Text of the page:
As first violinist of the Takács Quartet, Edward Dusinberre has won a Grammy and awards from Gramophone Magazine, the Japanese Recording Academy, Chamber Music America and the Royal Philharmonic Society. Outside of the quartet he has made a recording of Beethoven’s violin sonatas nos. 9 (Kreutzer) and 10 on the Decca label and recently performed Costa Concordia, a concerto composed for him by Jeffrey Nytch, inspired by the tragic story of violinist Sándor Fehér who was drowned on the cruise ship of that name in 2012. Dusinberre is also an author. His book Beethoven for a Later Age: The Journey of a String Quartet, takes the reader inside the life of a string quartet, melding music history and memoir as it explores the circumstances surrounding the composition of Beethoven’s quartets and the Takács Quartet’s experiences rehearsing and performing this music. The book was published by Faber in the UK and the University of Chicago Press, winning the Royal Philharmonic Society’s 2016 Creative Communication Award. Announcing the award the RPS Committee said: “Few have told so well of the musician’s life, or offered such illuminating insights to players and listeners alike.” The book has recently been translated into German and a Korean edition will be released soon. Dusinberre lives in Boulder, where he is Artist-in-Residence and a Christoffersen Fellow at the University of Colorado. In 2017 he was appointed a member of the faculty at the Music Academy of the West in Santa Barbara and is a Visiting Fellow at the Guildhall School of Music and Drama.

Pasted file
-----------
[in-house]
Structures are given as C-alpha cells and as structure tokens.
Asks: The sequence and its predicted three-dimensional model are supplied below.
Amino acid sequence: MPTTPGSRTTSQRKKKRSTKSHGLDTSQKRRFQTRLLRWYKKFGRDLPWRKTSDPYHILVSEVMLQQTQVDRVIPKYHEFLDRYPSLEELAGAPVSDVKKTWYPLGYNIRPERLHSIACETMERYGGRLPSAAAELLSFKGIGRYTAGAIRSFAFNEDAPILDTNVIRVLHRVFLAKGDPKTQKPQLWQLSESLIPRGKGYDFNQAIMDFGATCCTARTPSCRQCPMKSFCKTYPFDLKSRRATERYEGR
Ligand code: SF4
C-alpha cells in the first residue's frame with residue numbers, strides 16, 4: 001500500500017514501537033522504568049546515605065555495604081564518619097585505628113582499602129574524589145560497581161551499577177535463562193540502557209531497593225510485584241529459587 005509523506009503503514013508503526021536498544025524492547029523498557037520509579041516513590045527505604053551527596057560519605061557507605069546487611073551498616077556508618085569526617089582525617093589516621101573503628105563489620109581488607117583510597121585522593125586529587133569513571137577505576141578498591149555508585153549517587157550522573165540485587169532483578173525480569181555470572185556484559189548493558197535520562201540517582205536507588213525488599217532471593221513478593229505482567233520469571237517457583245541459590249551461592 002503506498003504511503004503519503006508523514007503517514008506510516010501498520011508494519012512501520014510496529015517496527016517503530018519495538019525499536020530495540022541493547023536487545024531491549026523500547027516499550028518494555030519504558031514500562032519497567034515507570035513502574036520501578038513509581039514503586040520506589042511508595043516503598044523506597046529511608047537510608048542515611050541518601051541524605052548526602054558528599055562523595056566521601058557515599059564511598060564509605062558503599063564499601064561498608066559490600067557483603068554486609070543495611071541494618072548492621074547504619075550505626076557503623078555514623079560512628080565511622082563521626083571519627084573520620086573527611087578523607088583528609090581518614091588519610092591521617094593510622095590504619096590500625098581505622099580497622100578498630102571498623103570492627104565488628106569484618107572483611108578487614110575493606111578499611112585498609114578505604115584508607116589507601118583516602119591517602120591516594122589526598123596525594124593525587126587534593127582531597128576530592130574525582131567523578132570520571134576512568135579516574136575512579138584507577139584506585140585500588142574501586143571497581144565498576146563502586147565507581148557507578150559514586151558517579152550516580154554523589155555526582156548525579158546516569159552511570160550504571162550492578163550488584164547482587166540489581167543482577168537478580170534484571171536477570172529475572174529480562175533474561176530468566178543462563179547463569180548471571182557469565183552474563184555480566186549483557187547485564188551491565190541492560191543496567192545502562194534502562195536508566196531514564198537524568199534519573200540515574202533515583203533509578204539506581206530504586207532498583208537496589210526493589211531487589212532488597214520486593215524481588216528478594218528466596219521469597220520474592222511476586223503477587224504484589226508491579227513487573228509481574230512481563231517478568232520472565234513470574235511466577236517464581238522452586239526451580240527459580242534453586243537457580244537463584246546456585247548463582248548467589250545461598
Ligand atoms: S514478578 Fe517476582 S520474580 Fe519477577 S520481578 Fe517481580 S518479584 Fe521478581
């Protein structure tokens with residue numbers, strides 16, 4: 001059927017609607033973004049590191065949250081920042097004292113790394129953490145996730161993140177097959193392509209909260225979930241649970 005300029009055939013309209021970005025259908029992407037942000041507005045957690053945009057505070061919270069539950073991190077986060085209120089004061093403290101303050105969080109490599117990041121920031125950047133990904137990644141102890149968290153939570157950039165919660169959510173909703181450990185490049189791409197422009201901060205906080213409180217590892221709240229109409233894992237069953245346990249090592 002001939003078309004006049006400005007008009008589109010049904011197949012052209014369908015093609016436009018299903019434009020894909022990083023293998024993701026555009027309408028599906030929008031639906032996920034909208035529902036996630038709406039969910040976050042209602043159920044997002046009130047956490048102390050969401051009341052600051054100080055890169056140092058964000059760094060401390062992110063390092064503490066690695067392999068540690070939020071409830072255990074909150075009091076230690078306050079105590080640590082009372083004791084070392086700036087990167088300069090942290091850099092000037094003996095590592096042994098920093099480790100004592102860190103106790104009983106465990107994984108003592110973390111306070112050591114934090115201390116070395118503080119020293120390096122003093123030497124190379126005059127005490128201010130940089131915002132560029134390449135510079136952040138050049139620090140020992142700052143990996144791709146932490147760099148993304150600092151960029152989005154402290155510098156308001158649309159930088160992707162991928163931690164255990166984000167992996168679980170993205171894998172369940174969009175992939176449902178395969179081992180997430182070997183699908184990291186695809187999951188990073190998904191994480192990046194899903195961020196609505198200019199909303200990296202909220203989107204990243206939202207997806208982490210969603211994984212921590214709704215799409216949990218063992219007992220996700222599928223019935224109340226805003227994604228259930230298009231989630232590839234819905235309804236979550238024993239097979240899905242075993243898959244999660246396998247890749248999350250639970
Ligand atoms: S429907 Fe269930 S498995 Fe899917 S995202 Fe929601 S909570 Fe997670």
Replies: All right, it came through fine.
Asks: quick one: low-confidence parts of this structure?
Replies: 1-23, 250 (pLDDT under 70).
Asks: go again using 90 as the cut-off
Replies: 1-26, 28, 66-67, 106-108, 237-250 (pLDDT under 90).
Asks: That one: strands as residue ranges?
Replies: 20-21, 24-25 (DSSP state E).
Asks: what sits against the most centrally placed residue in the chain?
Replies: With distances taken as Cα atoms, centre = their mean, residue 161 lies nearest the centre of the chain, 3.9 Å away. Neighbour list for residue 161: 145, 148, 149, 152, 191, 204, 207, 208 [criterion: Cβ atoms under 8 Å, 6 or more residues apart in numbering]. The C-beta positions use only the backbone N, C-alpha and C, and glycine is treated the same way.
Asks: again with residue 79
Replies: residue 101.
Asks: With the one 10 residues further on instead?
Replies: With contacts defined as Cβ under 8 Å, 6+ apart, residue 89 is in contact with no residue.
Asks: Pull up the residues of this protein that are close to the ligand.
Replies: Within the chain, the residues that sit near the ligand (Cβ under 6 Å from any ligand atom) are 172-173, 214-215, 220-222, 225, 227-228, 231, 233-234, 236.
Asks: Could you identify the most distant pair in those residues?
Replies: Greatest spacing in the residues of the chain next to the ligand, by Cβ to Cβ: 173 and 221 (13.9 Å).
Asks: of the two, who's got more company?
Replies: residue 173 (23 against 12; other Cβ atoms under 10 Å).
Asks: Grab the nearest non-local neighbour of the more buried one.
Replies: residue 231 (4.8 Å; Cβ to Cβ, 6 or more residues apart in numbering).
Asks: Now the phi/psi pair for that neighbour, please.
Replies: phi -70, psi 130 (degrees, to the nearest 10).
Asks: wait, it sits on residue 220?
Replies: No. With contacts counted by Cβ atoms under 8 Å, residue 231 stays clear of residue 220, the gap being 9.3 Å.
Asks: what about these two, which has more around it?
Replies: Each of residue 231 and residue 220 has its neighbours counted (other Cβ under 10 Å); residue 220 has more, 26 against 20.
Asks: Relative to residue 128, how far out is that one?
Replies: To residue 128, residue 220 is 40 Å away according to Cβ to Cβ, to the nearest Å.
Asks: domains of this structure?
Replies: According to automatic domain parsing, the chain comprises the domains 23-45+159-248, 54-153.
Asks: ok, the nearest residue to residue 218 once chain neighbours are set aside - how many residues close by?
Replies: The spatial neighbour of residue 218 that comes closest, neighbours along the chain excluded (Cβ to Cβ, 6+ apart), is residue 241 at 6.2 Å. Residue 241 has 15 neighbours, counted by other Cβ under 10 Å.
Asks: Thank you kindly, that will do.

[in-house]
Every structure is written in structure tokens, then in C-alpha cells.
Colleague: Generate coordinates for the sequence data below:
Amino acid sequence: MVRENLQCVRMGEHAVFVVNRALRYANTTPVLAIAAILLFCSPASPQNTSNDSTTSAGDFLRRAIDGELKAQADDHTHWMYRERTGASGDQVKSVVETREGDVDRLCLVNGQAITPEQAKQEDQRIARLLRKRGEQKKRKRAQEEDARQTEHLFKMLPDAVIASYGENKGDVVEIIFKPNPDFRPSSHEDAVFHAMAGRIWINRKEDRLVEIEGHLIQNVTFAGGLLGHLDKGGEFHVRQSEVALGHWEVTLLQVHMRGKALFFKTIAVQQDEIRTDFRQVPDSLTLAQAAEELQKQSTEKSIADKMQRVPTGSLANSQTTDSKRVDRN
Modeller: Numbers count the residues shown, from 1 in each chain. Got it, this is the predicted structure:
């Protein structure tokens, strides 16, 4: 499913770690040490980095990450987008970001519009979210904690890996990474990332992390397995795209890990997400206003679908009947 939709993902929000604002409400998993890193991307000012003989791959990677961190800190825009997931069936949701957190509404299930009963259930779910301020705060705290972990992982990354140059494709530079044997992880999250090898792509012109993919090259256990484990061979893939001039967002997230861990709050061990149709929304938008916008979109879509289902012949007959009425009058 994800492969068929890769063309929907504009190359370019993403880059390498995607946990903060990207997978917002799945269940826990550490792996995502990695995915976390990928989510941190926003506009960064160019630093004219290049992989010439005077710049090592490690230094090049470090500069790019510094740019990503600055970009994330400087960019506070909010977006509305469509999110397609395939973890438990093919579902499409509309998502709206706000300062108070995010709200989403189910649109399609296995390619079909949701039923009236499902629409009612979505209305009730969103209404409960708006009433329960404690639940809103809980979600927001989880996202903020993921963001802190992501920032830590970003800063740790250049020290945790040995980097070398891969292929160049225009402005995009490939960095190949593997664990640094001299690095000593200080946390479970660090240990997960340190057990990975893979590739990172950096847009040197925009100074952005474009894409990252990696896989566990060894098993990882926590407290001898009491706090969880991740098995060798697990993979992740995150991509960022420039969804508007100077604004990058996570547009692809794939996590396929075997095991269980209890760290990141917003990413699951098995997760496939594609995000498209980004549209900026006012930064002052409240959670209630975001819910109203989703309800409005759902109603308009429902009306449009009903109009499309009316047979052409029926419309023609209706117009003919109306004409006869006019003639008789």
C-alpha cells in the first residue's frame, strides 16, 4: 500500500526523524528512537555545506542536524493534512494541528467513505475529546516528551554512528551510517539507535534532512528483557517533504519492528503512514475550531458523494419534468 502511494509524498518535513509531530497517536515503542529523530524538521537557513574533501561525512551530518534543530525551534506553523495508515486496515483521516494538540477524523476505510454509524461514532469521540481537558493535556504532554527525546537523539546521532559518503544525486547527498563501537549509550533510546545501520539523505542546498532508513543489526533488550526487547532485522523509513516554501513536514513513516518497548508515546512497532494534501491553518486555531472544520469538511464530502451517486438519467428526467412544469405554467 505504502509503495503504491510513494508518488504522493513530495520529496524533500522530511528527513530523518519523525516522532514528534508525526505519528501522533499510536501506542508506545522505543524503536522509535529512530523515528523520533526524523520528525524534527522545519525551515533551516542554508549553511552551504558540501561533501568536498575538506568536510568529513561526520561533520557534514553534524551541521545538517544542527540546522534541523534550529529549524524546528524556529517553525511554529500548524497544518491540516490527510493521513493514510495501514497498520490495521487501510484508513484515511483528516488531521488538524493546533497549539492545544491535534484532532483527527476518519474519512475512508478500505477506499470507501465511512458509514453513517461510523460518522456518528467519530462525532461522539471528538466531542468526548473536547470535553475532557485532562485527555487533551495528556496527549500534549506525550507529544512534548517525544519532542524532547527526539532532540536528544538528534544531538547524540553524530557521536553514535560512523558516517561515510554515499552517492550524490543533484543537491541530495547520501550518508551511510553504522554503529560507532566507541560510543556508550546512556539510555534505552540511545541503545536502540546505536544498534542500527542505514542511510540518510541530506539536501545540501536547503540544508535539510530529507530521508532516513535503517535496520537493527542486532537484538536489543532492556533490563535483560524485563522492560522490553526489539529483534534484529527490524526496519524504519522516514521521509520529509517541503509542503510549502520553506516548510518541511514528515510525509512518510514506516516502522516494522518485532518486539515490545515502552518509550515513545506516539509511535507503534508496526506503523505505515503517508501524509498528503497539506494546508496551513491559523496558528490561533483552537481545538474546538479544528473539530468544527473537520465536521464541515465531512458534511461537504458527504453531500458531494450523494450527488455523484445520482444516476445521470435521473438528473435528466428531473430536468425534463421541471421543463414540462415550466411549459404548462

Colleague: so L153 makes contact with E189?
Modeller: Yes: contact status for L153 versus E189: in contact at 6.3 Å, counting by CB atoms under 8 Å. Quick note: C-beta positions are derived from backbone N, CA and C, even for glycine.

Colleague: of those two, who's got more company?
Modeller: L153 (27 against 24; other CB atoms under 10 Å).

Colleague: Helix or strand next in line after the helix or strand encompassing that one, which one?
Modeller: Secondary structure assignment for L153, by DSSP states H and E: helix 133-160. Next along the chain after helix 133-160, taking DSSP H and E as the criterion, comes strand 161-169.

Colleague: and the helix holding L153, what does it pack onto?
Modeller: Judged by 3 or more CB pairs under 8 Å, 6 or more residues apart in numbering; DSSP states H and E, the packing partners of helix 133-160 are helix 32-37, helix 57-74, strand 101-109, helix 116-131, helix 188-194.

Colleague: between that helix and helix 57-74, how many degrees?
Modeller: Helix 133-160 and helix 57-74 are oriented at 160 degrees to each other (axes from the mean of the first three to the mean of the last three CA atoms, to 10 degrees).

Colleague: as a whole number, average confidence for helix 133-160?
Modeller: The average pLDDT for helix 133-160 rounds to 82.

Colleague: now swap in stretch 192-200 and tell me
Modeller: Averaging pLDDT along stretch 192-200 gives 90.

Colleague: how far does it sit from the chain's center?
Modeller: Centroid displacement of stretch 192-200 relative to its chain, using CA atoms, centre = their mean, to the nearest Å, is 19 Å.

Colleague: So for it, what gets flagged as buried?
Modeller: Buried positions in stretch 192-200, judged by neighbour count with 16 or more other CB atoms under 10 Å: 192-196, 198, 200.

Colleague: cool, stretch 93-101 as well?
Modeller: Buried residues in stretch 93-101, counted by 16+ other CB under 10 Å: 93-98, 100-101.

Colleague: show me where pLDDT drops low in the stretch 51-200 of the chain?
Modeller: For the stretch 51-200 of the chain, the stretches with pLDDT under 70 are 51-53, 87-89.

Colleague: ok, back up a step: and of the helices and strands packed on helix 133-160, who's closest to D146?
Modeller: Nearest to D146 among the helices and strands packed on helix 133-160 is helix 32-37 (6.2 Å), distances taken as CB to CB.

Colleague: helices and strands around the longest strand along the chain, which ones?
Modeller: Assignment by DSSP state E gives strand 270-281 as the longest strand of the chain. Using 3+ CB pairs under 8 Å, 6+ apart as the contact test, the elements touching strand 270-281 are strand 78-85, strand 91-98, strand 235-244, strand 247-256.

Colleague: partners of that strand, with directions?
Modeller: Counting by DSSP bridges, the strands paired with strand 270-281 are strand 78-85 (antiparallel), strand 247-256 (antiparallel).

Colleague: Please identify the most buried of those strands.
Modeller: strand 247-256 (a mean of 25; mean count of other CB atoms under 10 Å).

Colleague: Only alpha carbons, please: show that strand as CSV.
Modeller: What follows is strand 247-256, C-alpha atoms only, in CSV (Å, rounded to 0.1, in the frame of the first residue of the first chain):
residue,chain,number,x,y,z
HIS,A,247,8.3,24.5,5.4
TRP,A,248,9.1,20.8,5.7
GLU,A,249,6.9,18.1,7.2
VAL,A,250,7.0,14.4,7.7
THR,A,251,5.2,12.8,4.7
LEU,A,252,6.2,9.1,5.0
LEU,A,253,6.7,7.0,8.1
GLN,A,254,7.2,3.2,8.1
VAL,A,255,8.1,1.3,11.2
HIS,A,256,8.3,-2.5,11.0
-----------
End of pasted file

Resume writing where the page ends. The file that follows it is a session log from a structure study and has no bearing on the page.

Acclaimed by theNew York Times as a “deeply expressive violinist,” Harumi Rhodes has gained broad recognition as a multifaceted musician with a distinctive and sincere musical voice. Her generosity of spirit on stage is contagious, making her one of the most sought-after violinists of her generation. Recent solo engagements include performances of Bernstein Serenade, Beethoven Violin Concerto, Mozart Violin Concerto No 5, and Vivaldi Four Seasons with the Vermont Mozart Festival Orchestra. In addition to being a founding member of the Naumburg Award winning ensemble, Trio Cavatina, she has performed regularly with Chamber Music Society of Lincoln Center and Musicians from Marlboro. An avid supporter of contemporary music, she has been actively involved in commissioning and premiering new works as an artist member of the Boston Chamber Music Society, East Coast Chamber Orchestra(ECCO), and Music from Copland House. Recent discography includes Milton Babbitt’s String Quartet No. 6 (Tzadik); The Five Borough Songbook, including 20 different composers and commissions (GPR Records); Compadrazgo, a compilation of chamber works by Gabriela Lena Frank (Albany Records); Secret Alchemy, with ensemble works by Pierre Jalbert (Copland House Blend); and Clean Plates Don’t Lie, featuring new vocal chamber music works with texts from Chef Dan Barber and the sustainable food movement (Centaur). Rhodes has served as Head of Strings and Chamber Music at Syracuse University, Assistant Violin Faculty at the Juilliard School, and most recently as Assistant Professor of Violin at the University of Colorado-Boulder.